Sprint Nextel (Overland Park, Kan., U.S.A.) said it would need $7 billion in new financing agreements over the next few years to cover a cash shortfall created by Apple Inc's iPhone and a network upgrade.
"If we want to maintain a cash balance as high as $2 billion minimum at any point in time, we would want to extend the maturities of $4 billion that come due in 2012 and 2013 and raise between $1 billion to $3 billion, primarily from vendor financing," said Chief Executive Dan Hesse on Wednesday.
From the testing to the deployment of fiber cables, submarine communication networks come with many challenges. For one, the cost and time associated with submarine networks far exceed that of terrestrial networks—whether it is being deployed or repaired. Furthermore, the number of customers relying on these networks is vast, making a damaged cable critical to repair as soon as possible. Considering these factors, it is essential that these fiber cables be meticulously tested and re-tested before being deployed.
The top two U.S. telecom operators, AT&T Inc (Dallas, Texas, U.S.A.) and Verizon Communications (New York) reported financial results from the third quarter of 2011. Both companies reported increased revenue from the year-ago quarter; although AT&T's revenue was below analyst expectations, while Verizon's revenue was slightly higher than expectations. Both companies’ revenue was affected by weak smartphone sales in the third quarter.
China Mobile (Beijing, China), the world's largest mobile carrier by subscribers, has 10 million iPhone users even though it does not yet have an agreement with iPhone maker Apple, says its chairman.
Wang Jianzhou also said Apple had promised to make an iPhone compatible with China Mobile's TD-LTE standard when its next-generation model comes out. He could not say when this would happen.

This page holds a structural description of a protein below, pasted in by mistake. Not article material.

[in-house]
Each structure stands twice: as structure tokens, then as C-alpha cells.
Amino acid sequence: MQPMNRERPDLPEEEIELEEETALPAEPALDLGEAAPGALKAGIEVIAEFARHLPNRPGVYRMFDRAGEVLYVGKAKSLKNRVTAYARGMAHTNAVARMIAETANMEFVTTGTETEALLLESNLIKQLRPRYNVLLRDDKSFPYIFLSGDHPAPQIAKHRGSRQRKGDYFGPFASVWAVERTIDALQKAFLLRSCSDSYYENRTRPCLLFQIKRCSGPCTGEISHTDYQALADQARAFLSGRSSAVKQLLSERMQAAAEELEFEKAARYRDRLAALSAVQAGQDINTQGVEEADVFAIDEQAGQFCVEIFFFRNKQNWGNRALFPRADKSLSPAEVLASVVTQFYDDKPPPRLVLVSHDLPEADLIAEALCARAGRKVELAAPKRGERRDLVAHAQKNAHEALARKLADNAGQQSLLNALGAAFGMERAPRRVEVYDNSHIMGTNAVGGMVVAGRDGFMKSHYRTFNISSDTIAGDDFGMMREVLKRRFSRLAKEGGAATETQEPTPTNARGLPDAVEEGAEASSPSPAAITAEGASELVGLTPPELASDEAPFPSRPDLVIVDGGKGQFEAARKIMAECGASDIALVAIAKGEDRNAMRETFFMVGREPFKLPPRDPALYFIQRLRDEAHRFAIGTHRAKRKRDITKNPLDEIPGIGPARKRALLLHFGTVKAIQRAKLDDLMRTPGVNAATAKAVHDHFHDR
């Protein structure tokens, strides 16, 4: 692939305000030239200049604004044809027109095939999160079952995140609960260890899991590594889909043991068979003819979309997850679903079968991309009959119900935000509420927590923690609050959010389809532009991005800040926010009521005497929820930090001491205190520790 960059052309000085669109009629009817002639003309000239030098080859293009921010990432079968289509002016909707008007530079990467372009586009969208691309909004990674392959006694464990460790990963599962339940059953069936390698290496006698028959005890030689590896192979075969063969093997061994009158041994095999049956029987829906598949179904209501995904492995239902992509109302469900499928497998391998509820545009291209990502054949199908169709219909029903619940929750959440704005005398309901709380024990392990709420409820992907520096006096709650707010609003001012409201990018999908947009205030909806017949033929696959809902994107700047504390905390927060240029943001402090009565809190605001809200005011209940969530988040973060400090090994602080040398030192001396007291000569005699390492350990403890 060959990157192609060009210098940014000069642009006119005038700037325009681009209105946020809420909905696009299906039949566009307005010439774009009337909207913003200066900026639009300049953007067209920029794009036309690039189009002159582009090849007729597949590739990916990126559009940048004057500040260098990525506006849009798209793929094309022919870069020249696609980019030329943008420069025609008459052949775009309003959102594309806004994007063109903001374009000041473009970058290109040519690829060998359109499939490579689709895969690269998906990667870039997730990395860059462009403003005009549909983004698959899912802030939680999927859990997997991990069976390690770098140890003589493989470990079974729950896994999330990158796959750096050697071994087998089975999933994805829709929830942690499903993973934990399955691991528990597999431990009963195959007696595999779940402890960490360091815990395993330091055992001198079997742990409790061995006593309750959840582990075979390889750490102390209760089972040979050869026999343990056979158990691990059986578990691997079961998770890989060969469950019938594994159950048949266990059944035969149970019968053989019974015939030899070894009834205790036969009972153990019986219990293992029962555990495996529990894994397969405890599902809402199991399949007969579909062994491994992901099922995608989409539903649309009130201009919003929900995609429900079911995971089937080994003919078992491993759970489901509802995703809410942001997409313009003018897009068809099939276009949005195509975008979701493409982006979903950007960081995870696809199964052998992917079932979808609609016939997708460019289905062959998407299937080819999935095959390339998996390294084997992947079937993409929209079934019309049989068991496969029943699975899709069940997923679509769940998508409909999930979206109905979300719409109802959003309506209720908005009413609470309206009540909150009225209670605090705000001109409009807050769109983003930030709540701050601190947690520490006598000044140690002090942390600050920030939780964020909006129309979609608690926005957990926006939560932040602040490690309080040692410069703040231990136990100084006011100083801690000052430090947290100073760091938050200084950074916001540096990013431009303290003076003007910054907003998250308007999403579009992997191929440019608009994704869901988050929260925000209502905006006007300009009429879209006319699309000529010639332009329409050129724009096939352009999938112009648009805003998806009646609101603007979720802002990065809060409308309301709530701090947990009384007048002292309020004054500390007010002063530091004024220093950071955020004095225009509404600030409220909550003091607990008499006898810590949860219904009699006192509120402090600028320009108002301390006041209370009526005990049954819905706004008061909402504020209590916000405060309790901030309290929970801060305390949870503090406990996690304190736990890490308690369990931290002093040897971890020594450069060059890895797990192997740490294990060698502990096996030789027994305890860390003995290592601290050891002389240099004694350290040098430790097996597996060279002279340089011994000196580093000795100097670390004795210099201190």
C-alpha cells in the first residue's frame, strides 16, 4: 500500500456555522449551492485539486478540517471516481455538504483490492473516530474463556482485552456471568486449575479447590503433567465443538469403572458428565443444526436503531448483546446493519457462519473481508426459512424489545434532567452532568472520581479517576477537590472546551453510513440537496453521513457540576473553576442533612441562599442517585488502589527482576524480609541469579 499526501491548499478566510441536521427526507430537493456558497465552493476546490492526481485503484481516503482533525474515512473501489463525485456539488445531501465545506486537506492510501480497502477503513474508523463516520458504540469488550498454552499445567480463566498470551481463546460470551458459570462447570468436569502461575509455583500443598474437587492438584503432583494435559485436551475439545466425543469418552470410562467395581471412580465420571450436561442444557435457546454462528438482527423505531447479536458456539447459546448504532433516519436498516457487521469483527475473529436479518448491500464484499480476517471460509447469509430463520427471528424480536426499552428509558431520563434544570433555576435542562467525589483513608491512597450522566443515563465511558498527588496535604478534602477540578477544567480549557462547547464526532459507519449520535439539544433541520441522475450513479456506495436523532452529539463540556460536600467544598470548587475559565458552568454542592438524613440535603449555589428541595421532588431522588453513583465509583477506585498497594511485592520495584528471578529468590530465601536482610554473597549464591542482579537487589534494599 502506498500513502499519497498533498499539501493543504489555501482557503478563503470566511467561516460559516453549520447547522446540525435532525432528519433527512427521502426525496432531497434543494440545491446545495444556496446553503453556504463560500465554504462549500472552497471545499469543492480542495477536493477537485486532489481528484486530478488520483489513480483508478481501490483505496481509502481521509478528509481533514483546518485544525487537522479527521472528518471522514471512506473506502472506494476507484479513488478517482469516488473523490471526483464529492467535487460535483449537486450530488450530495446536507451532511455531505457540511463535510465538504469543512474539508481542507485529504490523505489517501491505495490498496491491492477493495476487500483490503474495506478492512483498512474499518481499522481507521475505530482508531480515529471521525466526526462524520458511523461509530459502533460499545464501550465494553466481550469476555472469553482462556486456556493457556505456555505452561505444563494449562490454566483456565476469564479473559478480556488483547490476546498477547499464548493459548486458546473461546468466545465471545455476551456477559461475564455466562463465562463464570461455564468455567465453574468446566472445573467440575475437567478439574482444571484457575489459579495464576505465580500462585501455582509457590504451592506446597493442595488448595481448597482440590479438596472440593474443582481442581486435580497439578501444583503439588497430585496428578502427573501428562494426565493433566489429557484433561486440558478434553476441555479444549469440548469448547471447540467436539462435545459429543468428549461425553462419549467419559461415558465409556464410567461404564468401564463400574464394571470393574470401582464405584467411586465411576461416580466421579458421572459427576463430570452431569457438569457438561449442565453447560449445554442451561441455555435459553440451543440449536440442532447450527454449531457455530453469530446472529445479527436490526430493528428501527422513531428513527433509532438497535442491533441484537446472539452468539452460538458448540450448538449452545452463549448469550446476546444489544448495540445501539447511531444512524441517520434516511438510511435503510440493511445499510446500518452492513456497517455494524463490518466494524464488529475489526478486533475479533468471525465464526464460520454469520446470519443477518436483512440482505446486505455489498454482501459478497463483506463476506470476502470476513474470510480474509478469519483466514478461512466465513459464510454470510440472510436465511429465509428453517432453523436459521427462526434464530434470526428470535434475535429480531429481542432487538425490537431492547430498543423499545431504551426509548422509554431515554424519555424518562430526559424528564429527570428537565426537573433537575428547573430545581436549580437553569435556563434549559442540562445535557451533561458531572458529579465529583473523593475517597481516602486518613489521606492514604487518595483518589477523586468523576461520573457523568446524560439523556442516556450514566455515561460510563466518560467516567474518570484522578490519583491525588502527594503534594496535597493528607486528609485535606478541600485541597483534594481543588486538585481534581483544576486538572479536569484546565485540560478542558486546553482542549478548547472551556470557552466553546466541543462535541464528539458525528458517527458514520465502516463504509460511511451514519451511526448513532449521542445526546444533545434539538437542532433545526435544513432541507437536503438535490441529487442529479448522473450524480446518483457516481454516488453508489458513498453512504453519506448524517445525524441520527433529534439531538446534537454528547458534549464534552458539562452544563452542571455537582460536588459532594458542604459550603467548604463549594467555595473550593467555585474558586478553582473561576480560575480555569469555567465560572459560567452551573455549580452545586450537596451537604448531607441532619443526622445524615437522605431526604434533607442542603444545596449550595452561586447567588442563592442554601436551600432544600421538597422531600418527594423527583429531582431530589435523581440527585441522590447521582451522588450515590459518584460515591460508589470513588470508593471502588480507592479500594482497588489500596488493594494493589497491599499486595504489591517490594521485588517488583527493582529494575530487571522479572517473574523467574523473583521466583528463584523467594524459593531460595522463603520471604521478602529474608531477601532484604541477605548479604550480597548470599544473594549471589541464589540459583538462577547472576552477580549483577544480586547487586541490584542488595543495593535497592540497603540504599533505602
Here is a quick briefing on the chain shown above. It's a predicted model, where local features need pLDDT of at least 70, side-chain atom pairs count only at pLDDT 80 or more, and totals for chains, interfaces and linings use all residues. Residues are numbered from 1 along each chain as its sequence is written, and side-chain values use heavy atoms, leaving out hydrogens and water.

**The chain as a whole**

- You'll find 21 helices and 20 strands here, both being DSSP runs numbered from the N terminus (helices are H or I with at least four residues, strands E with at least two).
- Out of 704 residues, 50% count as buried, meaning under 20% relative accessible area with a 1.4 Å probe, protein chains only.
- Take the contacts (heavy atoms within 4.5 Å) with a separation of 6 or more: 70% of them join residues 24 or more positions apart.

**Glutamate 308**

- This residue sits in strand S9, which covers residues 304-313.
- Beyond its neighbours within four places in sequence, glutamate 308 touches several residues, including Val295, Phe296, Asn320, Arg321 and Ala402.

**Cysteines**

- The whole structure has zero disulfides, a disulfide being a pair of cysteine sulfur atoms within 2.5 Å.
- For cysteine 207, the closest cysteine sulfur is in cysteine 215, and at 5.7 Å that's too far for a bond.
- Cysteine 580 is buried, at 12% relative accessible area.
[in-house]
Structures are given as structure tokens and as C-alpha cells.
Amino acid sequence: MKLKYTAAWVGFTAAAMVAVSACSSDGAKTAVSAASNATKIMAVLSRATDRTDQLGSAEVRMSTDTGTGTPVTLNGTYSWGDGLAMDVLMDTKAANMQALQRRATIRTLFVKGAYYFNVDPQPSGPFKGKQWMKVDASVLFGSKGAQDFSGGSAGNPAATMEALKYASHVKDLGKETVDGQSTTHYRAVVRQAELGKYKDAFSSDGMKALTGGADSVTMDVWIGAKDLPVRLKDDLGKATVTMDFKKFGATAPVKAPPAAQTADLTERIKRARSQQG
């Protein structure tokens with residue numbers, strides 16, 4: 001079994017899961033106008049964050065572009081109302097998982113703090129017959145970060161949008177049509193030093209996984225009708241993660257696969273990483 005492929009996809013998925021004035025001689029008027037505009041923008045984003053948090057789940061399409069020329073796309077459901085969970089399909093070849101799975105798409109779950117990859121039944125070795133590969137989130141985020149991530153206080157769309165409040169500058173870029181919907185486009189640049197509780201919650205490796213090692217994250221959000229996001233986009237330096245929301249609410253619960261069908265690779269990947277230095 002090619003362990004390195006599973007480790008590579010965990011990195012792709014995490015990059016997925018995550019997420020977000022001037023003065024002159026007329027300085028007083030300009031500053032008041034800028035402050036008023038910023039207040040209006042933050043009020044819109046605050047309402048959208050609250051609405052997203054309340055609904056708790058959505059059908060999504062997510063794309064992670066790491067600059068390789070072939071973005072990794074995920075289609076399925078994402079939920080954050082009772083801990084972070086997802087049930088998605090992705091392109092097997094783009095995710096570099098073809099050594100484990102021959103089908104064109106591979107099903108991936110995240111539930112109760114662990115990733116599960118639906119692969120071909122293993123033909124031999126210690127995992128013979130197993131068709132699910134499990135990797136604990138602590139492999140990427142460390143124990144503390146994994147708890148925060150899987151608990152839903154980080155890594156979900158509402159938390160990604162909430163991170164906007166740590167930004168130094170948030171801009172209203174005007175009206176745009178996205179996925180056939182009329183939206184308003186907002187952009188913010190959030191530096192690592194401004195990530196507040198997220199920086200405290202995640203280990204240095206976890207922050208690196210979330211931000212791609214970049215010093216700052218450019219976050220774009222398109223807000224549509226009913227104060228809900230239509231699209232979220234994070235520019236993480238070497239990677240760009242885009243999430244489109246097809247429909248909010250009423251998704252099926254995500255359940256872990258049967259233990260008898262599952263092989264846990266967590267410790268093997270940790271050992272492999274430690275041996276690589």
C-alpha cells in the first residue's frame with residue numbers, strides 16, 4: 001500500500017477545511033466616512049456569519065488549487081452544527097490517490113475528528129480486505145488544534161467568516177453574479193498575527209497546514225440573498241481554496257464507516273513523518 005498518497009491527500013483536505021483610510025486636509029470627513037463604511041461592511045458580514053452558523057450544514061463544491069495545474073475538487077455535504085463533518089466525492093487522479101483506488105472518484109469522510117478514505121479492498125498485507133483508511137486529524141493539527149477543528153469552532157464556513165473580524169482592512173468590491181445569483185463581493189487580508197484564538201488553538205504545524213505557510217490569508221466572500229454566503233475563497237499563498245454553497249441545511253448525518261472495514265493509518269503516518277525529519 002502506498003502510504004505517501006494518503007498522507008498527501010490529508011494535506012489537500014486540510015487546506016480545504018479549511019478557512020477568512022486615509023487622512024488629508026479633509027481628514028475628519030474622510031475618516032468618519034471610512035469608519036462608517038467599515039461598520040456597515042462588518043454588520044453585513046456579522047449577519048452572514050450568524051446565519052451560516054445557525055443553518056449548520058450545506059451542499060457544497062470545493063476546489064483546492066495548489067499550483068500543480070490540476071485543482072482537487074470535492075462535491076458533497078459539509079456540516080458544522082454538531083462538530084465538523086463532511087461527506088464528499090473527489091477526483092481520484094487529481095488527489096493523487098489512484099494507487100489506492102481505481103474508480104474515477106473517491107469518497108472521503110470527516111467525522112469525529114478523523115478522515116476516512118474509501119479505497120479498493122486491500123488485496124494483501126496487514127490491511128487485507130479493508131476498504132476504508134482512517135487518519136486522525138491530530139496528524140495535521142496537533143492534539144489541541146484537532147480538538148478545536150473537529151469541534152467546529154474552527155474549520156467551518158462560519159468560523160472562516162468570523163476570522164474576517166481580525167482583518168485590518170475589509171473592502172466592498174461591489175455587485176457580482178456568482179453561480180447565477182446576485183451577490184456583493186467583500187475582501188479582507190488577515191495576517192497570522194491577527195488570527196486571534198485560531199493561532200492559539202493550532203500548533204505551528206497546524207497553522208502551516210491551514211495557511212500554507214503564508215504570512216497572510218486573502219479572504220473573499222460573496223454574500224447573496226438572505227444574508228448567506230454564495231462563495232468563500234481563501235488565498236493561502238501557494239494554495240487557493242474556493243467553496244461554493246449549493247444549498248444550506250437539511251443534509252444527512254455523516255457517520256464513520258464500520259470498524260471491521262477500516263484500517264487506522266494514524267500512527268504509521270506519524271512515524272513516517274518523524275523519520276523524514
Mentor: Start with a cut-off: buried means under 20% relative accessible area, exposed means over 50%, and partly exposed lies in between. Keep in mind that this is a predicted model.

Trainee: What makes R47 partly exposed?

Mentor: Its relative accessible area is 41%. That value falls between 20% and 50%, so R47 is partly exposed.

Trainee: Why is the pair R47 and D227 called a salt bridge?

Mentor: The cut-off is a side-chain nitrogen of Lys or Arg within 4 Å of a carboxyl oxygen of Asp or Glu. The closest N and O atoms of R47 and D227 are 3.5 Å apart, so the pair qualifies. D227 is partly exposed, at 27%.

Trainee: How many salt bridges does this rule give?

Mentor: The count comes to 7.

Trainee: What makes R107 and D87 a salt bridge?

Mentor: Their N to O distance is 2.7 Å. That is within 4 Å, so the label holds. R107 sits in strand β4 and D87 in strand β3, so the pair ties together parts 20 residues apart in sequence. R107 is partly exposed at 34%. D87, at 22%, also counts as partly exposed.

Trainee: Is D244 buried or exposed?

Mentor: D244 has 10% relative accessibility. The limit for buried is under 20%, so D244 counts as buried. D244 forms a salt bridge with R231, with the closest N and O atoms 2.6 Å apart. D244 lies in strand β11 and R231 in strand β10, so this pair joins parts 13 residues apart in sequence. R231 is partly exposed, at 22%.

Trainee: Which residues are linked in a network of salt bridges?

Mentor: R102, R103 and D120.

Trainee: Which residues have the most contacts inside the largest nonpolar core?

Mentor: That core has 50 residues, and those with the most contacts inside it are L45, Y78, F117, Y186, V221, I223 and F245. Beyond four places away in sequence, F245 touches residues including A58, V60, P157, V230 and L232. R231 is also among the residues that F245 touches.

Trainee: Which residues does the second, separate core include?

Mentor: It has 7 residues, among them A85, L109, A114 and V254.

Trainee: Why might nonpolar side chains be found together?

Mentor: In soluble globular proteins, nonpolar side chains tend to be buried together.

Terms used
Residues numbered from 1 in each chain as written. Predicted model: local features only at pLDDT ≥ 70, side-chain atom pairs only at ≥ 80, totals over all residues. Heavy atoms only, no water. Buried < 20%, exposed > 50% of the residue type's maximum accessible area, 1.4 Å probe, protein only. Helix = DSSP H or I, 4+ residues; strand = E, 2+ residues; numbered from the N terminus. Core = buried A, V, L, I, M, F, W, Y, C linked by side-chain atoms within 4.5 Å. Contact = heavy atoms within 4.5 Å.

"We have not yet got agreement with Apple," say Wang. "Apple promised to provide, when they develop the iPhone for LTE, that it will include TD-LTE. We are discussing the details."
As a result of two agreements signed on Thursday with ZTE (Shenzhen, P.R.C.), a telecom equipment manufacturer, and the government of the Democratic Republic of the Congo, France Telecom-Orange (Paris, France) will acquire 100% of Congo Chine Télécom, a mobile operator in the Democratic Republic of the Congo. France Telecom-Orange will contribute its marketing, commercial and technical expertise, as well as the Orange brand to leverage CCT’s network assets, says the company.
C Spire Wireless (Ridgeland, Miss., U.S.A.), a privately held regional U.S. mobile phone network operator, will become the fourth U.S. operator to sell the Apple Inc (Cupertino, Calif., U.S.A.) iPhone in "coming weeks" beating much bigger rival T-Mobile USA to a Apple deal.
C Spire, which recently changed its name from Cellular South, has about a million customers in four states, making it more than 33 times smaller than No. 4 U.S. operator T-Mobile USA, which has 33.6 million customers.
The scalability, flexibility and cost advantages of Ethernet are fueling a massive and rapid transformation of Wireless Service Providers’ transport network infrastructure—from TDM to Ethernet. According to Infonetics Research, only 45% of Wireless Service Providers considered moving to all IP/Ethernet backhaul network infrastructures in 2009, whereas in 2010, 65% planned to make the change including 100 operators already deploying it.
The scalability, flexibility and cost advantages of Carrier Ethernet are fueling a massive transformation of Wireless Service Providers’ legacy TDM transport network infrastructures.
On an ongoing basis, industry insiders are reminded that wireless operators often follow in each other’s footsteps when it comes to new technology. Tiered pricing is the most recent example. For years, operators, vendors, analysts and industry watchers had been shown, ad nauseam, the graph of data use outstripping revenue gains. Yet it took until 2010 for a U.S carrier, in this case AT&T, to make the move to tiered pricing, although others have since followed suit. One area that has gotten a similar “wait-and-see” treatment in the wireless industry is personalization.
Deutsche Telekom (Bonn, Germany) and France Telecom-Orange (Paris, France) announced that following approval by the relevant anti-trust authorities, BUYIN will start business operations on Monday as a Brussels-based procurement joint venture between the two companies.
The company, which also has operational units in France and Germany, is headed by Volker Pyrtek, previously Chief Procurement Officer at Deutsche Telekom.